Over the years, as the young skater was perfecting his skills, the Galindo family sacrificed so their talented member could continue skating lessons and training; they lived in a trailer, and Galindo rode his bike to the rink in his hometown of San Jose, Calif.

As the work was paying off, Yamaguchi split with Galindo--and it was time to hit the ice alone.

"It's hard to skate by yourself when you're used to being a pairs skater," Galindo said. But, he admitted, the solo route is more fulfilling.

"It took me six years to win the title, but in one year, I went from eighth place to first."

Galindo, who was 27 in 1996, was the oldest skater in 70 years to win the U.S. title, and he did it in spite of tremendous personal loss shortly before the championships, both of his skating coaches died of AIDS. His father died of a heart attack in '93, and in '94, his brother died, also of AIDS.

While all of this weighed heavily on his emotions, it also provided the fuel that propelled him through the competition.

"I knew I was skating well as the performance went along, but I didn't think I could do it, and certainly didn't know how the judges would see it. The music ended, and--it was like a dream."

For the last 30 seconds of his performance, the crowd was on its feet, cheering him into the final notes of "Swan Lake"; the ovation lasted another three minutes--and on national TV.

"It seems now that it went so fast, and then it's like I was being pulled in every direction. It was amazing!"

After his gold-medal winning performance at nationals and a bronze-medal win in the world championships, Galindo turned professional.

In addition to the money he makes (good-bye, doublewide), Galindo sees his life now as part-skater, part-role model for "gay teens who are confused or having trouble understanding their preferences, for Mexican-Americans who think they can't make it because they or their parents weren't born in this country, and for any young skater who thinks obstacles can't be overcome and dreams can't come true."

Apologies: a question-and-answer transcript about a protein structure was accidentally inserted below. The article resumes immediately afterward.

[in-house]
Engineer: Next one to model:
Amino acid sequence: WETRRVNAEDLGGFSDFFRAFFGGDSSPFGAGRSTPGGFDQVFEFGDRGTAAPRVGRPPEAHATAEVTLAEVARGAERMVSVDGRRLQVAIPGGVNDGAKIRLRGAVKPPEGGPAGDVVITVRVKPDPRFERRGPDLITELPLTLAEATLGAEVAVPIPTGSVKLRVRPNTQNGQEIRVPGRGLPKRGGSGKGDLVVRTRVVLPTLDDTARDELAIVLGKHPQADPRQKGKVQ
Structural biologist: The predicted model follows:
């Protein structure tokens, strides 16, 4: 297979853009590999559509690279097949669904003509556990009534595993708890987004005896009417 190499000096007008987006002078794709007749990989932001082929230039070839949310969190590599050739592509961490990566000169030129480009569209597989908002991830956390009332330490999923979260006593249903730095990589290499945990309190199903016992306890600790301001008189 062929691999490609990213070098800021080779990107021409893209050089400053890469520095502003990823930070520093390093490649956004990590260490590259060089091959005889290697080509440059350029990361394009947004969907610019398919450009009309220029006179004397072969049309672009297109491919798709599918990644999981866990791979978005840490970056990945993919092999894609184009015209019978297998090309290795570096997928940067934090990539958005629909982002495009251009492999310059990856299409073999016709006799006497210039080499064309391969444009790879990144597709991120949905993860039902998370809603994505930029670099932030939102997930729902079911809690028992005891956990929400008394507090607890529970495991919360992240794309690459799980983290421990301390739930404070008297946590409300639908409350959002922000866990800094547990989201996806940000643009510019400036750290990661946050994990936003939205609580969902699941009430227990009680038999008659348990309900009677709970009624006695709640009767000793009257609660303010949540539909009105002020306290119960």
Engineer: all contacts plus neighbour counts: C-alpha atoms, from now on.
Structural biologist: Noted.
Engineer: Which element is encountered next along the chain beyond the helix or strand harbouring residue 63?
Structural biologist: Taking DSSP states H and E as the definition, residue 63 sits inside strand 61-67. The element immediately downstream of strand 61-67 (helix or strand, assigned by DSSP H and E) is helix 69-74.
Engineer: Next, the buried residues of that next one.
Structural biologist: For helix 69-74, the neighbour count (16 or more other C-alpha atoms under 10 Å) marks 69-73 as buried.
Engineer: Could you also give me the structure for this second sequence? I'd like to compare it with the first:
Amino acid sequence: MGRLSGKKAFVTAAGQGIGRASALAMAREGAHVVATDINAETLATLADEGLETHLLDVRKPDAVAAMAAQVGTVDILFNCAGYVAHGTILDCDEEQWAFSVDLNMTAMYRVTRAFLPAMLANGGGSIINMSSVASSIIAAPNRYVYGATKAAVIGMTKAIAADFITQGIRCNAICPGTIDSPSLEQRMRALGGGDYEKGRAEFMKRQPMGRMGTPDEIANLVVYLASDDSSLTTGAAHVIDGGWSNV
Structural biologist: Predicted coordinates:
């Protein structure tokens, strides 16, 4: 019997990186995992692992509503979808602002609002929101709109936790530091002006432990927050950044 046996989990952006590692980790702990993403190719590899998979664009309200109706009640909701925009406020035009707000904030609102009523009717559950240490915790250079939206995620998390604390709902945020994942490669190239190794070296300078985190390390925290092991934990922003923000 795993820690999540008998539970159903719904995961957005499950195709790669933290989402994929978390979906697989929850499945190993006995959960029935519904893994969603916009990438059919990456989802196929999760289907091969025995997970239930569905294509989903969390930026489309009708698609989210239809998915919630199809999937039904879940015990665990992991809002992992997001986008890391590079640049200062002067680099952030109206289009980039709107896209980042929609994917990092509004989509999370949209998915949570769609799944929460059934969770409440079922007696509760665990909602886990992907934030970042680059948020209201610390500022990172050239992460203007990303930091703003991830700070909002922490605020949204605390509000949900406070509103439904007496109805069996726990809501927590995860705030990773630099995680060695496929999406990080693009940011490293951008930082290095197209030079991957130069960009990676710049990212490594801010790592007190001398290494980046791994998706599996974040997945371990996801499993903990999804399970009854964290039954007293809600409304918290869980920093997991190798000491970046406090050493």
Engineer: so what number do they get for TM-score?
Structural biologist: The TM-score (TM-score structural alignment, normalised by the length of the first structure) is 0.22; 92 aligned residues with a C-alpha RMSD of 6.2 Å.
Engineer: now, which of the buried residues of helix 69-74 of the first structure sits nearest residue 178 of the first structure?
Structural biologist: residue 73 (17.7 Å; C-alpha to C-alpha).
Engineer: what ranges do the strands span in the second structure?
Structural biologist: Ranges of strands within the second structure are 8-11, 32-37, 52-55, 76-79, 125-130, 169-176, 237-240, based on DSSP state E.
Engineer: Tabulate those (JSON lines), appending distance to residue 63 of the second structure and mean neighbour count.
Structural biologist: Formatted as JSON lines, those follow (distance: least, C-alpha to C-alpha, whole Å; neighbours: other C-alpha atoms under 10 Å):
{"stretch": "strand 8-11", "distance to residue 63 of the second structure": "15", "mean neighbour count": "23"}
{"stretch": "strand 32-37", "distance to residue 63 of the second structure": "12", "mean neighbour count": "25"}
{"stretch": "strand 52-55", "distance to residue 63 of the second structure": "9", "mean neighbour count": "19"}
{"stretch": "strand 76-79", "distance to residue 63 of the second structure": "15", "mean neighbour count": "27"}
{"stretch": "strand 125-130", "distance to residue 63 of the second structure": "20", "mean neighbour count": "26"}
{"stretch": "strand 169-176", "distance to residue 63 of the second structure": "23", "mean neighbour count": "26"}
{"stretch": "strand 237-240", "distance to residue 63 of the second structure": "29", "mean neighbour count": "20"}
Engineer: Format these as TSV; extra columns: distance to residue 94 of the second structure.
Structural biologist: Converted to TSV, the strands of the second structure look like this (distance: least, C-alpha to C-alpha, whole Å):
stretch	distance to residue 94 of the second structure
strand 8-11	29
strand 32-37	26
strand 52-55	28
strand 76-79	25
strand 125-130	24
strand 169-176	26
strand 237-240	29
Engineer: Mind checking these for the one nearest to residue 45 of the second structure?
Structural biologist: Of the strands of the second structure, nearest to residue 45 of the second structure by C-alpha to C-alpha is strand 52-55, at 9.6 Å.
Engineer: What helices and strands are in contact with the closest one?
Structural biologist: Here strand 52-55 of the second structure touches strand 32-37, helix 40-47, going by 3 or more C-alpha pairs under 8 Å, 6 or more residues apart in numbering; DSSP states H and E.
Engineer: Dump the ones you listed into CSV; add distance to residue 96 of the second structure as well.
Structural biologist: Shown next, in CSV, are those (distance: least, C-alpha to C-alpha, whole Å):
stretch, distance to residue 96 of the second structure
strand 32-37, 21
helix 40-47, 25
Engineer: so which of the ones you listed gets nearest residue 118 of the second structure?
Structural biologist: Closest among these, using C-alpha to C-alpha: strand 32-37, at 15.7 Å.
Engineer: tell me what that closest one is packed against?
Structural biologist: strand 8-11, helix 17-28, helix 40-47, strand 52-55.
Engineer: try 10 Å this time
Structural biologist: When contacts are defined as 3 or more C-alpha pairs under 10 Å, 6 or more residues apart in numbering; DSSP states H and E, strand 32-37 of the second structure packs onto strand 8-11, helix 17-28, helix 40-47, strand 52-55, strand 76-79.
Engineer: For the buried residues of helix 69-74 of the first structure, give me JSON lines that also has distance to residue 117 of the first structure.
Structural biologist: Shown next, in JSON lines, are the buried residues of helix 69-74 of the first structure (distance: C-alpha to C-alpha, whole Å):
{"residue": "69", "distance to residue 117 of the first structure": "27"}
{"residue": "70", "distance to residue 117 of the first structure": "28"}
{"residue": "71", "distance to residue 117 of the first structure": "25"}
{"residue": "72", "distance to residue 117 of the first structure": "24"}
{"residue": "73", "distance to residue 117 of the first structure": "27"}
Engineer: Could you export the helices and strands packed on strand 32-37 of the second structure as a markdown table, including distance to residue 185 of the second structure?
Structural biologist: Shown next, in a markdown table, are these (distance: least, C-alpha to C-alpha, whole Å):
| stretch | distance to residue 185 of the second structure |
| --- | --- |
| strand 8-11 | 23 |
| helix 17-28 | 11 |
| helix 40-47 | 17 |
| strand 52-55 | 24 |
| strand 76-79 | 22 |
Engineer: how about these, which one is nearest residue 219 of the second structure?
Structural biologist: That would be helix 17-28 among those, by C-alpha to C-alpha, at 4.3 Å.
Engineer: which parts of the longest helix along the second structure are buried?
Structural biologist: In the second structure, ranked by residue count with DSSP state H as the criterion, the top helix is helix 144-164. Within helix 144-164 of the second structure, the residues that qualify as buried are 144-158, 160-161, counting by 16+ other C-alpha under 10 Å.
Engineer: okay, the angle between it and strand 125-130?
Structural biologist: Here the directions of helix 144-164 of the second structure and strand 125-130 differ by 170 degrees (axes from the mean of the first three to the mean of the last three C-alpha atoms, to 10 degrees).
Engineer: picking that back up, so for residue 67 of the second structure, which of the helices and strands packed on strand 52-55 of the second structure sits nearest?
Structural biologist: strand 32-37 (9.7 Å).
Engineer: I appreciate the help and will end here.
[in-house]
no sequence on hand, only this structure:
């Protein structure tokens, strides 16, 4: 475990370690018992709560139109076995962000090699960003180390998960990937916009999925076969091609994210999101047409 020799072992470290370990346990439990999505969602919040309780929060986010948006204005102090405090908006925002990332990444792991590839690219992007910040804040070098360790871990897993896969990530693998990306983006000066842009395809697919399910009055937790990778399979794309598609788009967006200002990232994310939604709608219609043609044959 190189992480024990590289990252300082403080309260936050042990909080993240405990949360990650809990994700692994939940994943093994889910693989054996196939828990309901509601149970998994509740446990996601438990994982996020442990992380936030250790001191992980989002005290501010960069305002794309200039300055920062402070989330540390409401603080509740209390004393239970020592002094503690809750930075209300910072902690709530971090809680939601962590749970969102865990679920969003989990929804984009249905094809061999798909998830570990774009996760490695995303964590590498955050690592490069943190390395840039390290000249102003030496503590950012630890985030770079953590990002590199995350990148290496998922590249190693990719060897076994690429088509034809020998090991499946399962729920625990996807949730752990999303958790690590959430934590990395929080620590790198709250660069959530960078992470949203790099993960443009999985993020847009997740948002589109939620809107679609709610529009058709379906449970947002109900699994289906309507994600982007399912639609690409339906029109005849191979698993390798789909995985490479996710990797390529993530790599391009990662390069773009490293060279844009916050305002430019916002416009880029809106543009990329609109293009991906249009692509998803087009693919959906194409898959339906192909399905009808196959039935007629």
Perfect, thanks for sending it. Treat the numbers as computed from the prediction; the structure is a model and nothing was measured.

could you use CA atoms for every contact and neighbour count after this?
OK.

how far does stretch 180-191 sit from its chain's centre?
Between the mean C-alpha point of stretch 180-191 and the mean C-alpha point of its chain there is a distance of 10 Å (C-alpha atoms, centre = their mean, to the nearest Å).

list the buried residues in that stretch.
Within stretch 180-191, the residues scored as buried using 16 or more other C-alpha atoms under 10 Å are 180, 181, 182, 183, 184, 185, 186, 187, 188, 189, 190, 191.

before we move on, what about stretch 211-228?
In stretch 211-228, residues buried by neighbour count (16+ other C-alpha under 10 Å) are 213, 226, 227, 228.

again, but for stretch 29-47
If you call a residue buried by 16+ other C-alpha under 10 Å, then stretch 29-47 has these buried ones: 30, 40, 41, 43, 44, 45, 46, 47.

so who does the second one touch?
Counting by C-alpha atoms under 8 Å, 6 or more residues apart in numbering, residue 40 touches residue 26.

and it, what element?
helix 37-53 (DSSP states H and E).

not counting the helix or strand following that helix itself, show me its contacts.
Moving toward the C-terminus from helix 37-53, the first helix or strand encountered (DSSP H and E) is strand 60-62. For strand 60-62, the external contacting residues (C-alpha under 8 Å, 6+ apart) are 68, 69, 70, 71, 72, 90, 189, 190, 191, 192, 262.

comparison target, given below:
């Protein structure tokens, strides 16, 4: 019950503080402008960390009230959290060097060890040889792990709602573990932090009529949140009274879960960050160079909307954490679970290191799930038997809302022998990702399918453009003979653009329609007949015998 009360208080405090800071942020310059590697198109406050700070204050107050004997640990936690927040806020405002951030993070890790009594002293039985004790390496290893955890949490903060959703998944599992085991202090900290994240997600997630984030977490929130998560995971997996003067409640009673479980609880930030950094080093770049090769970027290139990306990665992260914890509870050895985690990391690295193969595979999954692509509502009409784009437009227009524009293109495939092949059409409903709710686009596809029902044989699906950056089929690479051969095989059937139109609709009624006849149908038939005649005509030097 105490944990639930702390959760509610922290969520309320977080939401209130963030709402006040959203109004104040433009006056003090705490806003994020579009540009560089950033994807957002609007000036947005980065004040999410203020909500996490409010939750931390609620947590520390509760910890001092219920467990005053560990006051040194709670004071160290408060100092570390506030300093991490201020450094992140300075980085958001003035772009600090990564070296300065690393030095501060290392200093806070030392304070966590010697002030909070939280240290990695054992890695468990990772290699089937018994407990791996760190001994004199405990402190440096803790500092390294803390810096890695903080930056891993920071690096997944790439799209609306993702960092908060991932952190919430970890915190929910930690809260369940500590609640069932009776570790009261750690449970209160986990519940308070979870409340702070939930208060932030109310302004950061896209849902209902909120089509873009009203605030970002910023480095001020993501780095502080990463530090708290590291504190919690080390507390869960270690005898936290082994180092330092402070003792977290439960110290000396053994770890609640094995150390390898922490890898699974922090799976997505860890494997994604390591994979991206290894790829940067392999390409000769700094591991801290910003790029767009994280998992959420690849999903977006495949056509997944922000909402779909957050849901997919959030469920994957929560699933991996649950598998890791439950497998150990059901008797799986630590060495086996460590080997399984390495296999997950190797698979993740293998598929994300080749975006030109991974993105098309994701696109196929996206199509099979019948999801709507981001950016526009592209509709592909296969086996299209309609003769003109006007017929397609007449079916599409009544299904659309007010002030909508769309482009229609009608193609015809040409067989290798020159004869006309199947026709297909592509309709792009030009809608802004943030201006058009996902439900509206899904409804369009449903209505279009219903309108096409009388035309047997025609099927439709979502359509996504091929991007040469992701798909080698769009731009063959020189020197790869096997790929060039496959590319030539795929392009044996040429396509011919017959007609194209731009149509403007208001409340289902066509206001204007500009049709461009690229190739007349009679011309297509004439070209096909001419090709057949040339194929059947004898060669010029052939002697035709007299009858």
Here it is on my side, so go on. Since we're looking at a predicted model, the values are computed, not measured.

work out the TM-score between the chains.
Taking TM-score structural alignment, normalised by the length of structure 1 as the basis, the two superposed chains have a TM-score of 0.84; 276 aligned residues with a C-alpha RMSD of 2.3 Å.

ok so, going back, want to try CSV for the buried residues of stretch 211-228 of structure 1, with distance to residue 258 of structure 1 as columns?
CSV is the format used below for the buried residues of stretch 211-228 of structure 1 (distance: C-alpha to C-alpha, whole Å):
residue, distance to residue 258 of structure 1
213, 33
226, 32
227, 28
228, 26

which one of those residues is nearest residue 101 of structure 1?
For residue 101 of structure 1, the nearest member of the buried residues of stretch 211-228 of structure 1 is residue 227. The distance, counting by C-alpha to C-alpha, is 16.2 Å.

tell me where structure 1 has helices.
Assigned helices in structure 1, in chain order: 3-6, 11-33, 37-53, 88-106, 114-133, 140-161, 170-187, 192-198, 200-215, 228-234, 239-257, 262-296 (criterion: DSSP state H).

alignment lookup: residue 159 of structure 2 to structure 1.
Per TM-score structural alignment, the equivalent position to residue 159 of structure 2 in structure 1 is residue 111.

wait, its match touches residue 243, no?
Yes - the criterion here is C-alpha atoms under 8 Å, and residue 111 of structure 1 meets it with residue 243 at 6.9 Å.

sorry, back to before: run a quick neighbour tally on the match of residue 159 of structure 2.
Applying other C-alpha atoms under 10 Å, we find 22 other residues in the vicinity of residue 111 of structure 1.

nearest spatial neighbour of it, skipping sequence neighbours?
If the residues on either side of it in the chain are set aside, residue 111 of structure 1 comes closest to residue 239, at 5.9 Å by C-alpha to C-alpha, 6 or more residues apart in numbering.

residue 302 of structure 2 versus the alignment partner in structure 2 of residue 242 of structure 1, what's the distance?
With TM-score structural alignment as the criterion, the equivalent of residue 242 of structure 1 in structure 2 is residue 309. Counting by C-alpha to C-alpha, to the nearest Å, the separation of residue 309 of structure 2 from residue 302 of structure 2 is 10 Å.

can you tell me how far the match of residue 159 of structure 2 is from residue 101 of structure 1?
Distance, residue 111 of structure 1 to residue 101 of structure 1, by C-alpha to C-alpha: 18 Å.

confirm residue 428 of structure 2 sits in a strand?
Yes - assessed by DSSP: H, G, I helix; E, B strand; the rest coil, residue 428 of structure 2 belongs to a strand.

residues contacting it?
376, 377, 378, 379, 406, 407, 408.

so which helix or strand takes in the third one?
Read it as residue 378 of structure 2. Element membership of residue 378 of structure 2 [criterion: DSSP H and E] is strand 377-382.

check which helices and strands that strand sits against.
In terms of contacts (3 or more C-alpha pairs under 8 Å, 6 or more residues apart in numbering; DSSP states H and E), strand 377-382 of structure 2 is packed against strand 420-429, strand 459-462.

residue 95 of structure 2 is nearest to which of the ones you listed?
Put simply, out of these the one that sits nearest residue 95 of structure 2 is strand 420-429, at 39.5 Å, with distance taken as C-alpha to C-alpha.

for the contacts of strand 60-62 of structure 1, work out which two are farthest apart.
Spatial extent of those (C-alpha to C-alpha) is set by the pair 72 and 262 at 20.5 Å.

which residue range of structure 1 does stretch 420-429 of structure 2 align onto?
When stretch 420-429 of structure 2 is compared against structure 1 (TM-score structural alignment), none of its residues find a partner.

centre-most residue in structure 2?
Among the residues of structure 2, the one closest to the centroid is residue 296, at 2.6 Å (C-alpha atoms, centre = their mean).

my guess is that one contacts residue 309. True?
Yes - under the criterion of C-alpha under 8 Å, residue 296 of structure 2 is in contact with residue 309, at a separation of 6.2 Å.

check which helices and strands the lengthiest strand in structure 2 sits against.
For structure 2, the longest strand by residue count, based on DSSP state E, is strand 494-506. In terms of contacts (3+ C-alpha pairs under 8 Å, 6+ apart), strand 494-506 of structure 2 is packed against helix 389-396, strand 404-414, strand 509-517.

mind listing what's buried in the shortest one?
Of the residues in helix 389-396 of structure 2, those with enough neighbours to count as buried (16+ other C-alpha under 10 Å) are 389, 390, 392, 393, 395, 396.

*** Galindo's performances have run the gamut of music, including old standards ("Over the Rainbow"), golden oldies ("YMCA," one of his most popular performances), classical works ("Swan Lake") and this year's number (the one he'll do at Roberts Stadium Friday night), a medley of songs by the Artist Formerly Known as Prince.

"It's a light one, a fun number with some surprises for the audience," he said.

Galindo said one of the most rewarding aspects of his life on the road--he hasn't had a break since August--is signing autographs at the end of a show.

"When people say they read my book ("Icebreaker," Pocket Books; hardback and paperback) and it helped them, that's just a wonderful feeling.

"After the show, as we're going back to the bus, people line up and we just kind of go down the line and sign autographs and talk a little.

"It's just so much fun to hear people's comments."

*** The past never quite leaves this rags-to-riches skater; his choreographer isn't a high-priced former skater.

"Sharlene Franke is a dance choreographer," he said.

"We've been working together for a while now, and she's been doing all my show numbers. Most (choreographers) charge a fortune, but Sharlene is not too expensive. She's good, she knows and understands what I want to say while I'm skating, and we work together well."

That means including Galindo's trademark leg-in-the-air "shotgun" move.

"What's really flattering is to see a bunch of Russian amateurs now including it in their programs," he said.

Galindo also saves a few bucks by designing his own costumes.

"I know what I want the costume to add to the performance, and it's easier to design it myself than to try to describe my feelings to someone else."

But the most important connection is with Laura Galindo Black, who is "my coach, my sister, my best friend.

"She plays a lot of roles in my life--and she's the love of my life."